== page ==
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Late-October means it’s quilt auction time

The annual Elmira Charity Quilt Auction is ready to go for its 41st year with more than 100 quilted items, a silent auction, and a live auction all in the name of a good cause.

The quilt auction brings in between $25,000 to $35,000 each year for Elmira District Community Living.

Elmer Brubacher, co-chairperson of the auction committee, said there are usually about 120 to 135 items. Most are quilts, while some of them are wall hangings, pillows and carpets.

“If we can get $1,000 for a quilt we’re happy,” Brubacher said. “It used to be $3,000 a quilt. We have seven lots of quilts and so we have seven auctioneers. Every lot has a feature quilt. Those feature quilts, they usually bring $850 to $1,000.”

He said there are usually around 500 different people bidding at the auction, plus children and other people there for the other events. He estimated 800 people will come out on October 25.

“The popularity is we’re doing it for a good cause,” Brubacher said. “It’s operating to help clients with special needs. People do really well to donate items. We have a big silent auction and the silent auction consists of things that come from businesses throughout Waterloo and Wellington counties.”

EDCL has been helping people with intellectual disabilities in their families for 51 years. Brubacher says the organization began because there was nothing in the area for children with special needs. Parents were becoming concerned as their children aged.

“The first person that really ran into a problem, they put him into the public school system and the principal said ‘we can’t handle this guy, he needs special help.’ That parent got together with other people and the principal and said couldn’t we do something for these children?” Brubacher said.

From there Guiding Light School, which is now Life Skills, was born. Later on those kids grew up so they added the ARC. He said the ARC is like a learning work centre. From there they started building group homes.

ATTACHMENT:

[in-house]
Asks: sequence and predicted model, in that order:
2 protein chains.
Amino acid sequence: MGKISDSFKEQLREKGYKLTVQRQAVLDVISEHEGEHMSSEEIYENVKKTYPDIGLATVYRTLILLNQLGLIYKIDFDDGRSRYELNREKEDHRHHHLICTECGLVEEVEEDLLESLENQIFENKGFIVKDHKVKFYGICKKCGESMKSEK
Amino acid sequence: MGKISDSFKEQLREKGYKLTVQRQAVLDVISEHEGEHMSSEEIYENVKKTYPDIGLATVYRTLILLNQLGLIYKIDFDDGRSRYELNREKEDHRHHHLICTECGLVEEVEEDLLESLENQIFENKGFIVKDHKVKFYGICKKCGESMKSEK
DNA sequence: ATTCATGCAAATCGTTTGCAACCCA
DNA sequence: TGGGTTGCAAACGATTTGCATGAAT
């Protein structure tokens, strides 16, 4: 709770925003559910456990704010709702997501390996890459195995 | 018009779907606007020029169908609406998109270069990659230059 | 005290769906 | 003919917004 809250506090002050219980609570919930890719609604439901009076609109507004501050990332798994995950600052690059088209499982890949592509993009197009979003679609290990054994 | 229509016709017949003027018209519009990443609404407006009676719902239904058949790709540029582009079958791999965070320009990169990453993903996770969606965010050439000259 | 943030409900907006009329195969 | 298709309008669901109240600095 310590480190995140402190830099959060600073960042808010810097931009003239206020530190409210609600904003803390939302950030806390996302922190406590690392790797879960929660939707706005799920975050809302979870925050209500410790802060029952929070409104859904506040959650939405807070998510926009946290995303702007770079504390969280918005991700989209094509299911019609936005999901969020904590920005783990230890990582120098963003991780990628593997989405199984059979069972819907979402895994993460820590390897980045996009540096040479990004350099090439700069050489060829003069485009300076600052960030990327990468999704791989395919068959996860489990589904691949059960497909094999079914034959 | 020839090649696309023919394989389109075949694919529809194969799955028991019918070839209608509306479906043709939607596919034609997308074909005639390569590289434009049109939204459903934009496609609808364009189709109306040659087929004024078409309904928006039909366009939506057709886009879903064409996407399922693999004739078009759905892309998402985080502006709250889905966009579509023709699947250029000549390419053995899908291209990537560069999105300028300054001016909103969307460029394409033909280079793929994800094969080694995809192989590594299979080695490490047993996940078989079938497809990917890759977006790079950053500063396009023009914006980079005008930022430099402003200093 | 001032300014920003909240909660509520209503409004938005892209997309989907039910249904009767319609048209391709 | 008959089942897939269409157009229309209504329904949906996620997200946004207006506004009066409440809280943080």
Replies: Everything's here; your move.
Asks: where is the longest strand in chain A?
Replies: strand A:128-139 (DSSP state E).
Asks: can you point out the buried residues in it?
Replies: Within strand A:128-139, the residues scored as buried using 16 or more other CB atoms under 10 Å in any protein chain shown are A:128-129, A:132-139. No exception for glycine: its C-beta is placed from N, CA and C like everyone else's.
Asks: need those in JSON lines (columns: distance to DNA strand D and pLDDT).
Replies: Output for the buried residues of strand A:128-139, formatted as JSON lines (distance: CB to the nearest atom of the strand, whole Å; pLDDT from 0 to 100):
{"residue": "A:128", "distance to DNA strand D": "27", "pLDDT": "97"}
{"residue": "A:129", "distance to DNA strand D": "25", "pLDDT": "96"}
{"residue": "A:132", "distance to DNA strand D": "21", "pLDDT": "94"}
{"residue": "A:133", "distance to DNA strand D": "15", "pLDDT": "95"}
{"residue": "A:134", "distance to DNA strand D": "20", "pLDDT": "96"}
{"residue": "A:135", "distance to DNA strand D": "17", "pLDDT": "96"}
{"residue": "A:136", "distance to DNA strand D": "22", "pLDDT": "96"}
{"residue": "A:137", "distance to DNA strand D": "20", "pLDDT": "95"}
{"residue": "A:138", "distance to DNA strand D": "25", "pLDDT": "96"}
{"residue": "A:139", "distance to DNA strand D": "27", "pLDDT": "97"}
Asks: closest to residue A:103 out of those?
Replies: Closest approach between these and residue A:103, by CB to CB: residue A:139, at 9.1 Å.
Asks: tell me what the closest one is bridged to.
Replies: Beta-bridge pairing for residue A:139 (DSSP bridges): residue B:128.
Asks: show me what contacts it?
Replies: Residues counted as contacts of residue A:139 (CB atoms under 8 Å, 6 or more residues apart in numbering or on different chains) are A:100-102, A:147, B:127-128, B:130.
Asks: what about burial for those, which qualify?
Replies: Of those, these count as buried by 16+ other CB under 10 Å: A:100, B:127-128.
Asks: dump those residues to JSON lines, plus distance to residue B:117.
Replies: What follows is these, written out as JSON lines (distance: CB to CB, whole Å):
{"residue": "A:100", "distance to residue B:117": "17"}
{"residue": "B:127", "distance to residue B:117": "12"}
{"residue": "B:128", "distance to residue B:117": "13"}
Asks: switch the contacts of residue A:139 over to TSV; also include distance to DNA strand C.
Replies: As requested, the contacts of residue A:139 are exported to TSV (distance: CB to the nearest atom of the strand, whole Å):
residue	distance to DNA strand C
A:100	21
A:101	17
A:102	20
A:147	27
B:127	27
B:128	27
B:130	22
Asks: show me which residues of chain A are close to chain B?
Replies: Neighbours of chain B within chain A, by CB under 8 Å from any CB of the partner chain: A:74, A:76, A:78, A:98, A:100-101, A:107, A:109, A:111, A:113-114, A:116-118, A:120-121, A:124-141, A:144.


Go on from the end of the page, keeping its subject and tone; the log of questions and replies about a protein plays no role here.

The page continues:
“So now we’re in a situation where we need repairs for these buildings, we need special vans with lifts,” Brubacher said. “All of that stuff takes money and that’s where they got the auction go.”

The quilts can take up to 100 hours to make, depending on how complicated it is and how small the squares are.

He said years ago when the economy dropped, quilt prices dropped too and it never quite recovered.

“As a chairman I would not be on this committee if it wouldn’t be for the clients. My heart goes out to the clients,” Brubacher said. “I was on the board for six years and I’ve been with this auction for close to 15 years and for me and my wife both, the only reason we do this is because our heart goes out to these people we’re serving. We want to help out where we can for their sake.”

On Friday night there will be a barbeque beef brisket dinner with a silent auction, including new children’s furniture, children’s toys, and sports equipment, to name a few. It runs from 5:30 p.m. to 9 p.m., with the live and silent auctions starting at 7 p.m. The quilts will also be on display for the next day’s auction.

There will also be a giant bake sale and a live auction with home, garden, and farm items on the day of the auction. Monetary donations are also welcomed and tax receipts are available.

The quilt auction will be held at Riverdale Poultry Express, 6811 Church St. W. from 8 a.m. to 3:30 p.m. on October 25. The live auction begins at 9 a.m., followed by the solid wood furniture auction at 11 a.m., and the quilt auction at 12 p.m.

For more information visit www.elmiraquiltauction.com.

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